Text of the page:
When all else fails, those pious Americans who conceived and directed the Iraq war fall back on moral self-congratulation: at least we brought liberty and democracy to an oppressed people. But that last-ditch rationalization has now become America's sorriest self-delusion in this tragedy.
But his silence about Iraq's mass exodus is not merely another instance of deceptive White House P.R.; it's part of a policy with a huge human cost. The easiest way to keep the Iraqi plight out of sight, after all, is to prevent Iraqis from coming to America. And so we do, except for stray Shiites needed to remind us of purple fingers at State of the Union time or to frame the president in Rose Garden photo ops.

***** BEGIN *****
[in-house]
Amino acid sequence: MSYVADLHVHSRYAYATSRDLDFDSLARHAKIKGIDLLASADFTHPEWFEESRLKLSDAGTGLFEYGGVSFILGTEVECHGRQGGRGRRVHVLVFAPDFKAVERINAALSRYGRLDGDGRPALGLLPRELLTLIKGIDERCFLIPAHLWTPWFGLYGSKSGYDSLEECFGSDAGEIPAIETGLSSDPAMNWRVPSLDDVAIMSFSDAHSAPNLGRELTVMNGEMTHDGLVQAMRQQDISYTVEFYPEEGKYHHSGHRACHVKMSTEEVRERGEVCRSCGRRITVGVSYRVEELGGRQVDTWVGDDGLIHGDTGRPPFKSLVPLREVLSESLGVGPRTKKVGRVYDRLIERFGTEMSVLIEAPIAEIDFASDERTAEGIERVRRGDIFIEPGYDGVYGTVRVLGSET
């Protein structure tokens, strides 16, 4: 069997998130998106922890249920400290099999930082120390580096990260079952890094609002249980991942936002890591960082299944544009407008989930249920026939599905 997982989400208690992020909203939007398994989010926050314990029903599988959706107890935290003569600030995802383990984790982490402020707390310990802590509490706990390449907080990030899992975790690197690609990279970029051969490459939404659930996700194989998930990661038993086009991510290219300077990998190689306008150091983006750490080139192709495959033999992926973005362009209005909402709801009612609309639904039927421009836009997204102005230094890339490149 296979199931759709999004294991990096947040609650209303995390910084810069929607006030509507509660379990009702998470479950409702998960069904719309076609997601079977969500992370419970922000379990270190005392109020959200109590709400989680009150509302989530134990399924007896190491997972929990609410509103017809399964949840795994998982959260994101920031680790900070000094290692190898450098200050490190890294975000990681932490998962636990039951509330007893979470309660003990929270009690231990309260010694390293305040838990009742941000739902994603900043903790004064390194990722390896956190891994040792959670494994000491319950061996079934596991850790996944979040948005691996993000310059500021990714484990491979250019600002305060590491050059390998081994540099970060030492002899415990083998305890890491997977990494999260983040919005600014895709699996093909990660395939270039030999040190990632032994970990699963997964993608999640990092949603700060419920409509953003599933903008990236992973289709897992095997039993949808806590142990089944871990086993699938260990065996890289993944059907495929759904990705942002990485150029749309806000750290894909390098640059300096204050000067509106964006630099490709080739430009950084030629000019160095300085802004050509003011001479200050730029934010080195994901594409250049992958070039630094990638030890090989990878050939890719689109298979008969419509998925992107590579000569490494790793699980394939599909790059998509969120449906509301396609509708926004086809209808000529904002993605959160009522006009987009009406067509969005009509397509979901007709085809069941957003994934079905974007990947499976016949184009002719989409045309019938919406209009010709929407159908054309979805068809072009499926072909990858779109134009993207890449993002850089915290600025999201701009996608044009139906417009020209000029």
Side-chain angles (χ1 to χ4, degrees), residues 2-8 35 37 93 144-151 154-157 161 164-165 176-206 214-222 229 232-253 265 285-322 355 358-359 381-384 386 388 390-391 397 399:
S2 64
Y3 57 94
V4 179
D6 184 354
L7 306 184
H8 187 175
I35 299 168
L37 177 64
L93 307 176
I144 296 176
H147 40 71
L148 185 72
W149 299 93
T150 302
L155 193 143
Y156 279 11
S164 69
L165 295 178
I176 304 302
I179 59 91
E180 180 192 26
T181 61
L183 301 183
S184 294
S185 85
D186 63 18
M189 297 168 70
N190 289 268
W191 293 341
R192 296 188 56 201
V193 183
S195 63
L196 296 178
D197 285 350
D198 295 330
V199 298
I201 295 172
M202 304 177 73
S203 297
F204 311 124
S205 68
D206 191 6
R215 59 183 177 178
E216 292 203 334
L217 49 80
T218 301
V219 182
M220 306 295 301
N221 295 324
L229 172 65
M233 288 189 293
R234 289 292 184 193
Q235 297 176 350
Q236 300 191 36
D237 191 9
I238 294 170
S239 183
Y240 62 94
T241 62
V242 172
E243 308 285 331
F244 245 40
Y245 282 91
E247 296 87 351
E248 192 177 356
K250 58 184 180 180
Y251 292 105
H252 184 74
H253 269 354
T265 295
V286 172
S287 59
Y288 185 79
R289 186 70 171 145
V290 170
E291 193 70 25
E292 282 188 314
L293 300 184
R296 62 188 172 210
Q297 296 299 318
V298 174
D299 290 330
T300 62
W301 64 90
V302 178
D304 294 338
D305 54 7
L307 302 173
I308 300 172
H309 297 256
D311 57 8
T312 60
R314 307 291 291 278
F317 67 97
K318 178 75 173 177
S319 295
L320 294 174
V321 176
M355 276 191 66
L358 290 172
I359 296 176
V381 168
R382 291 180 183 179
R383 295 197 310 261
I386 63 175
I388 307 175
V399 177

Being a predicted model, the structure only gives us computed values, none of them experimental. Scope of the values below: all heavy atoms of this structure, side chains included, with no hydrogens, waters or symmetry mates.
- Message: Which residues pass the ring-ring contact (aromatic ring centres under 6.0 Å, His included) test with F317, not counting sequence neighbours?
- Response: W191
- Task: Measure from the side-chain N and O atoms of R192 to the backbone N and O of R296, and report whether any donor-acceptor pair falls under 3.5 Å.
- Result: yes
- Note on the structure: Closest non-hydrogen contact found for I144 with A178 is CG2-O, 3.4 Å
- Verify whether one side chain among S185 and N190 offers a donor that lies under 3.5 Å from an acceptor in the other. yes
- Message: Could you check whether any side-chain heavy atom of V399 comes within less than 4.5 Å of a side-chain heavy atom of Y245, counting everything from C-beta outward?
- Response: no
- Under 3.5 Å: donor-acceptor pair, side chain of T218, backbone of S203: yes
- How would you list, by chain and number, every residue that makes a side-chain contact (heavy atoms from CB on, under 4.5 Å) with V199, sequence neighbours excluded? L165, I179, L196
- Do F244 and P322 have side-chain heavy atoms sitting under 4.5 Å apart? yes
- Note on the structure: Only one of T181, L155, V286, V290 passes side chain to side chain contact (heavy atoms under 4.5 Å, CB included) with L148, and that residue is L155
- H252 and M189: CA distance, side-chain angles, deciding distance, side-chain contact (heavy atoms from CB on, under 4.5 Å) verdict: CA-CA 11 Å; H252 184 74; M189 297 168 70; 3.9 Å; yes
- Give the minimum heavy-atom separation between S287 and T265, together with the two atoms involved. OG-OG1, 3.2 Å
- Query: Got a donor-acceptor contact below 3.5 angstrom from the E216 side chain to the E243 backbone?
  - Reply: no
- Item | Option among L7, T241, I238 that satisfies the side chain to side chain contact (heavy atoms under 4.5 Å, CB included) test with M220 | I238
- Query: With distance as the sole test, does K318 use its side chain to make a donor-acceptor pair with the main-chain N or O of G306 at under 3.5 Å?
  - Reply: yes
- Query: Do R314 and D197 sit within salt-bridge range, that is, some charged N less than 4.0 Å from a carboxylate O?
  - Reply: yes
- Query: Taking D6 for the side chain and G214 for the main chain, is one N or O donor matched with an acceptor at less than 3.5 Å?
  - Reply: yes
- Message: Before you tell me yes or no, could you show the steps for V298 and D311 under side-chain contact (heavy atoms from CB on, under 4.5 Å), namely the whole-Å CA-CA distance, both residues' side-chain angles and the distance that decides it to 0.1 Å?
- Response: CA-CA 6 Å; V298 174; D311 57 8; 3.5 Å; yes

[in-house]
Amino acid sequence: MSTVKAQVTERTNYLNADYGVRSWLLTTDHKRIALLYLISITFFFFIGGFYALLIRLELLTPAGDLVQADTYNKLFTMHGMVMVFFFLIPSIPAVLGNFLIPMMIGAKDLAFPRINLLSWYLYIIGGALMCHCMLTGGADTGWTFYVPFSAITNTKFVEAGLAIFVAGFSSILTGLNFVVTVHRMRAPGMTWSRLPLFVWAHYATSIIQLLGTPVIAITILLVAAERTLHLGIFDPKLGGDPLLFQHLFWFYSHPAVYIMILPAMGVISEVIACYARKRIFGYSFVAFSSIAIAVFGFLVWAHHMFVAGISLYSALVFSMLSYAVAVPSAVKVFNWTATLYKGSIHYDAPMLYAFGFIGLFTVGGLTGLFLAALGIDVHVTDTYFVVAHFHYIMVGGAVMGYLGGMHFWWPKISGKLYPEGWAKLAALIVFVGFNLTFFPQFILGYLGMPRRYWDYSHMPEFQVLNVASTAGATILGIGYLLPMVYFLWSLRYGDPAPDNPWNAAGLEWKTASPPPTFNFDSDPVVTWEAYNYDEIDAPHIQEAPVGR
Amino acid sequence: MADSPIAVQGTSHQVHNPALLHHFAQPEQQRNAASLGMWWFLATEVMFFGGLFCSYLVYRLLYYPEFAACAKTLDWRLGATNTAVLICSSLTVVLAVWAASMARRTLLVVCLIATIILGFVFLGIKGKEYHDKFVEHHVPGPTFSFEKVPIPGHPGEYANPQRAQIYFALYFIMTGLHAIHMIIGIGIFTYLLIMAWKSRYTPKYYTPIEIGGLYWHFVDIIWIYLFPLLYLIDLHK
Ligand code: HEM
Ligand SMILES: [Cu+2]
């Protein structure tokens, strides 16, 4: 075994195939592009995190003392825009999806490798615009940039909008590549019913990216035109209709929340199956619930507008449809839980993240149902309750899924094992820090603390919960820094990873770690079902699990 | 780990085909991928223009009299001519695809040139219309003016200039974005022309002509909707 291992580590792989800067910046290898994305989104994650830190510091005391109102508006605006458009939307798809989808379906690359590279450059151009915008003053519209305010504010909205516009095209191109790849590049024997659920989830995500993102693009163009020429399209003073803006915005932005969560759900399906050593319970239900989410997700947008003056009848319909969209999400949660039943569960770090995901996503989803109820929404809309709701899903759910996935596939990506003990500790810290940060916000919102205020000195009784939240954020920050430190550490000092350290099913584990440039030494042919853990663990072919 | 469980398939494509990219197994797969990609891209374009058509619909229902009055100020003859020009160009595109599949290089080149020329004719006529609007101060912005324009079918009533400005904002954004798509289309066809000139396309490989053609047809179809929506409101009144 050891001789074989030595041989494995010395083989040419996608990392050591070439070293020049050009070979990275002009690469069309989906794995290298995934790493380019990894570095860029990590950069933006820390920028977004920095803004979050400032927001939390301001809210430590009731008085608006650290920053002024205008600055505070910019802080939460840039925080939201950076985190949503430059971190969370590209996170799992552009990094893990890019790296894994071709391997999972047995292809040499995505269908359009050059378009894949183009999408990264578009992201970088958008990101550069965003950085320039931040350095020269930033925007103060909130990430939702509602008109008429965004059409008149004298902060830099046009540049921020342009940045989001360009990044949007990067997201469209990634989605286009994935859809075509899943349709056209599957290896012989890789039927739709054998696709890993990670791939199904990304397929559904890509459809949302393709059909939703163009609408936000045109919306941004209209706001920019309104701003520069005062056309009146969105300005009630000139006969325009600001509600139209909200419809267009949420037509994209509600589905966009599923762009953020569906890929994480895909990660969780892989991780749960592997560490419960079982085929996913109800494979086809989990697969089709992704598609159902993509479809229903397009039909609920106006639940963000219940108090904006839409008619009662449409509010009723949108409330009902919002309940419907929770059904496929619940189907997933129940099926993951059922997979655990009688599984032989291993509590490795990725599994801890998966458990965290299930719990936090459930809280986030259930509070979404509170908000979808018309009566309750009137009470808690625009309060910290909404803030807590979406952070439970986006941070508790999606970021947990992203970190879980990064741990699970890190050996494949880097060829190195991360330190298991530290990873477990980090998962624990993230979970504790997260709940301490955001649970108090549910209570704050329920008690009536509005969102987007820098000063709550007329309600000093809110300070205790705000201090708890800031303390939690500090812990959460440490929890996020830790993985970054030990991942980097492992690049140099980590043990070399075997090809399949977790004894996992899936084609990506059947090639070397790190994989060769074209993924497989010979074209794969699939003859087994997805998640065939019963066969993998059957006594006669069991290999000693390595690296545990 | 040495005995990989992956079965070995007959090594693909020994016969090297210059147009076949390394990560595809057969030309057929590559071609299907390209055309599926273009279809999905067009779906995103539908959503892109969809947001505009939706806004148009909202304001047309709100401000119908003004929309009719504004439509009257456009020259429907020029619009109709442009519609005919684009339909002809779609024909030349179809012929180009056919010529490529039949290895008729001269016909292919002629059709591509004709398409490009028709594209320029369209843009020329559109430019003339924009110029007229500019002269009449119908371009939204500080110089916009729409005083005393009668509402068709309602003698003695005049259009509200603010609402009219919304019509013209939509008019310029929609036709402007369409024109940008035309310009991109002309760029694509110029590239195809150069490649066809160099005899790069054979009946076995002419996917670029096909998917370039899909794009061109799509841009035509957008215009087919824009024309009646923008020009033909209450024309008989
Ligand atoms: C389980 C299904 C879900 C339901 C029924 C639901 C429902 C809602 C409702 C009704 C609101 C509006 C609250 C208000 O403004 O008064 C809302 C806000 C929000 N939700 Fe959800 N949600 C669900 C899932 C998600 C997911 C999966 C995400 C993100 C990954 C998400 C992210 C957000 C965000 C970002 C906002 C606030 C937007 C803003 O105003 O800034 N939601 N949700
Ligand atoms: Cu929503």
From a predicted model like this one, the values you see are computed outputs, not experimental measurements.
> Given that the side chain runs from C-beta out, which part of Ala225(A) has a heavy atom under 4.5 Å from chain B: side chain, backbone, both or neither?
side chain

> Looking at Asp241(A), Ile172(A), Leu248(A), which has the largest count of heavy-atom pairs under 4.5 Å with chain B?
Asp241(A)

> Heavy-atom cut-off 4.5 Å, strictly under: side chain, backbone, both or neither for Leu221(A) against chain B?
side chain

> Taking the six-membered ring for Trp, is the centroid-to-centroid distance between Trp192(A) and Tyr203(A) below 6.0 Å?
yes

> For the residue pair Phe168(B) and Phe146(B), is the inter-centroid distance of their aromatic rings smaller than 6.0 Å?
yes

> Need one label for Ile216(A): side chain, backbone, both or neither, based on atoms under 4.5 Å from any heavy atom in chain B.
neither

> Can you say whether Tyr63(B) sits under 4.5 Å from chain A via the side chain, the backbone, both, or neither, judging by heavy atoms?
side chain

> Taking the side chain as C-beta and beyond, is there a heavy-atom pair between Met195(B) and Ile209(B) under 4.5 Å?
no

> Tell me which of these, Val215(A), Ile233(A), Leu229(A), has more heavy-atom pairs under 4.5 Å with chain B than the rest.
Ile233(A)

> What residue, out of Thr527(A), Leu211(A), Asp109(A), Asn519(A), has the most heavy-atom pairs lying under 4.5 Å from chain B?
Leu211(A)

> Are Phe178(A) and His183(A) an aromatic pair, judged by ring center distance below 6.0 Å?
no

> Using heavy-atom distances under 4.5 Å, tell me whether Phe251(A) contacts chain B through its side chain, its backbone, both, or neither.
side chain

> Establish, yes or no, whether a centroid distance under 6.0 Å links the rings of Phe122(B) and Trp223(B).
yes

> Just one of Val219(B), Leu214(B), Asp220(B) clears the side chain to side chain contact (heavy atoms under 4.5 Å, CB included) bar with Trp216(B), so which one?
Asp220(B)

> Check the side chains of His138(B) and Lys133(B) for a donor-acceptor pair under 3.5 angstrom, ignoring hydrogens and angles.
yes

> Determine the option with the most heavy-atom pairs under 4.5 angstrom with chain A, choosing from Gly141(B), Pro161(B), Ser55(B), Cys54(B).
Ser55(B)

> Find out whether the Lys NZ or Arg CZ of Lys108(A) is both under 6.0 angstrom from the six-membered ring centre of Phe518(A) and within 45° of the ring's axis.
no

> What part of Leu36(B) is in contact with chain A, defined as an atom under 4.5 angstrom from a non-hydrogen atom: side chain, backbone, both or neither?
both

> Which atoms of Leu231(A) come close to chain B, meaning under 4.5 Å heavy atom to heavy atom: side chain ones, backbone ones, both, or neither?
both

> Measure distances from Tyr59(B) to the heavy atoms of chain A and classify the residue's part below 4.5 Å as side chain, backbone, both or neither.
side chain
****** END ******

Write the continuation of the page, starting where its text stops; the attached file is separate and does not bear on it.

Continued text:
The message is clear enough: These ungrateful losers deserve everything that's coming to them. The Iraqis hear us and are returning the compliment. Whether Prime Minister Nuri al-Maliki is mocking American demands for timelines and benchmarks, or the Iraqi Parliament is setting its own timeline for American withdrawal even while flaunting its vacation schedule, Iraq's nominal government is saying it's fed up. The American-Iraqi shotgun marriage of convenience, midwifed by disastrous Bush foreign policy, has disintegrated into the marriage from hell.
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